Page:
Bronnie Ware, an Australian nurse, worked in palliative care for a long period of time. During the last phase of their lives, the patients she was in charge of revealed their regrets. The answers did not include activities that give you an adrenaline rush for an instant like sex or adventure sports, but small things that hold immense value. Ware recorded her observations in her blog, Inspiration and Chai, that caught the attention of many. The epiphanies were later recorded in a book named The Top Five Regrets of the Dying. She observed a common pattern in the regrets of the patients, similar themes that were expressed with a clear vision which one gains at the last phase of their lives.
Here are the most common regrets observed by Ware:
1. Being true to oneself
We live under the burden of societal pressure most of the time. We repress our dreams and desires to fit in the expectations of others. At the end of one’s life, the common regret was to not have had the courage to be true to oneself. These people have lived unfulfilling lives because they never paid much heed to their hearts. They did not choose what would have made them happy and only realized it when it was too late. When they were fit, they never valued the freedom that comes with good health. Only when one no longer has something do they realize its worth.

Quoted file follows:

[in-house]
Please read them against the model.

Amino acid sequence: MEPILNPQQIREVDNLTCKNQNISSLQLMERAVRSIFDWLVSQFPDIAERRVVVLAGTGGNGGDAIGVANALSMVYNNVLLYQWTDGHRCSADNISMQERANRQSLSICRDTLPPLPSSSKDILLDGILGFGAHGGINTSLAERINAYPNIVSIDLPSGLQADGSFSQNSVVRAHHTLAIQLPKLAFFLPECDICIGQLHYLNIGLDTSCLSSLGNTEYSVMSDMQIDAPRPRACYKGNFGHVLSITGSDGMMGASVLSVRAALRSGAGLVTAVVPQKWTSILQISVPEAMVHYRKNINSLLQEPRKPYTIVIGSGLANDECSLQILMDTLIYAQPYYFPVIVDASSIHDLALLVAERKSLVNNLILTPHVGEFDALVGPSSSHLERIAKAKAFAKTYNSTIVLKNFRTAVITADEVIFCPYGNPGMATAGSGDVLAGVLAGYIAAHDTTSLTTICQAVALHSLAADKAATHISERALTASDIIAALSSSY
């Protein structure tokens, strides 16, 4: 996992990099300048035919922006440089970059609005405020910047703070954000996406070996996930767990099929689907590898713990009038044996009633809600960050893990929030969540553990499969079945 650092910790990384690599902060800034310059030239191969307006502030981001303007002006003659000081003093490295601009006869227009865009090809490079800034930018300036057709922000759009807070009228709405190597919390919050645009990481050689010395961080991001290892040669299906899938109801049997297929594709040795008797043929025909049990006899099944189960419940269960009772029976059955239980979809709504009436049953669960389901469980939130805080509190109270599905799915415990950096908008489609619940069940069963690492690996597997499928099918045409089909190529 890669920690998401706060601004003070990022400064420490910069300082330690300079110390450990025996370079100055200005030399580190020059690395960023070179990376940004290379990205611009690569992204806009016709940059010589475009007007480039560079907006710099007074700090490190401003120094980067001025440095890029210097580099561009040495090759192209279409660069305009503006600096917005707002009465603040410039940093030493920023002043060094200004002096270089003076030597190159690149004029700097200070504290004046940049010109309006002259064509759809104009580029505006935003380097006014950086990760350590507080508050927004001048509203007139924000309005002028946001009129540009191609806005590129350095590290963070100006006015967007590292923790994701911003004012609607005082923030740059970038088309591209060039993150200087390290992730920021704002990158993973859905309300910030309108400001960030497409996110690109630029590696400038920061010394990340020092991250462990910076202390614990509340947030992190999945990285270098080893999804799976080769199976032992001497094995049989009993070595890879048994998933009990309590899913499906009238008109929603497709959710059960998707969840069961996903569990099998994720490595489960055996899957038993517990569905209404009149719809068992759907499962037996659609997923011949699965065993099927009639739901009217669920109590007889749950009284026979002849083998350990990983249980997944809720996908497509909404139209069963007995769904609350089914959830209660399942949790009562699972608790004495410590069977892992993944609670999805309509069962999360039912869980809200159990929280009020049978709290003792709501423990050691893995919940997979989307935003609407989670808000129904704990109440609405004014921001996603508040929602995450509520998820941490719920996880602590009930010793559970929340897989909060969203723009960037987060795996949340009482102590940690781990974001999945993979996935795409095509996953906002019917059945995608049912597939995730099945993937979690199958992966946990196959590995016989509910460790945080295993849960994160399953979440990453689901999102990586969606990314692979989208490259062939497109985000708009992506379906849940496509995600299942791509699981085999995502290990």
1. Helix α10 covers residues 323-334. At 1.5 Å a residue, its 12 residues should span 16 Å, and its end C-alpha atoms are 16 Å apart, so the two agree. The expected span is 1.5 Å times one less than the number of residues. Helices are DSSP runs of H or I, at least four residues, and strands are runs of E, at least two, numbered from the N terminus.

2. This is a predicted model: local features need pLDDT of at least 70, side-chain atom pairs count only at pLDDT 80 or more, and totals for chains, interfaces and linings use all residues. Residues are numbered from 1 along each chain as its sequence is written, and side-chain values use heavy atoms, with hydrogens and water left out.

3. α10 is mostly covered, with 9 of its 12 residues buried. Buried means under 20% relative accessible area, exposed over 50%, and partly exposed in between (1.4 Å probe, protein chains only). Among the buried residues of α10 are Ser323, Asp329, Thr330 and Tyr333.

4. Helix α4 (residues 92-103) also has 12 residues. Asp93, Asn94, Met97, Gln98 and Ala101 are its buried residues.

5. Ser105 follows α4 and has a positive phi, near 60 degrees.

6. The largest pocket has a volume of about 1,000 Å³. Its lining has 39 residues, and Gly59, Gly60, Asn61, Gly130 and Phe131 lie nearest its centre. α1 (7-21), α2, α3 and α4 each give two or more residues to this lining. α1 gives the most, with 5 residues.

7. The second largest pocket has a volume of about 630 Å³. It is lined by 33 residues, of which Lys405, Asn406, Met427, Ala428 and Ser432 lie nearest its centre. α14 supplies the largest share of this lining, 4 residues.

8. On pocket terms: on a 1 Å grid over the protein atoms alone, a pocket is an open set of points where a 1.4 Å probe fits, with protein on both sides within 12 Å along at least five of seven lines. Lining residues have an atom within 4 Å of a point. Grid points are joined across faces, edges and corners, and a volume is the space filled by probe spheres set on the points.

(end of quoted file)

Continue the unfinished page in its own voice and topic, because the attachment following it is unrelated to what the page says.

2. Working too hard
Ware notes how almost all male patients regretted working day and night. Being engrossed in their work, they missed on their family lives. Most of the patients regretted not being there for special occasions like birthday parties of their kids or their own anniversaries. They felt burnt out doing something that did not add any value to their lives. Women too had a similar kind of regret. Many of the women were not bread earners as they belonged to an older generation but spent their lives working extra hard ignoring other aspects of personal life.
3. Expressing feelings
How many of us gulp down our opinions in order to avoid conflicts? How many of us do not say what we feel because we fear being judged? How many of us never express our feelings because we are unsure of the outcome?
Not expressing what one feels is one of the top 5 regrets a person has at the end of their lives. They live a mundane life devoid of possibilities that would come with a little more courage. Being bitter and resenting their lives had a huge impact on their health too. Bottling up one’s feelings is never a good option.
4. Losing friends
On their dying bed, everyone misses their old friends. They regret not investing the time and effort their bosom buddies deserved. People felt sad for all the times they let friendships slip away.
5. Not making happiness a priority
Many of Ware’s patients did not come to terms with the fact that happiness is a choice. They let fear be the driving force in life and comfort the ultimate aim. The patients longed for heartfelt laughter and genuine reasons to be happy.
It is sad how we ignore what is truly important in our lives until we do not have enough time. Go and seize the day!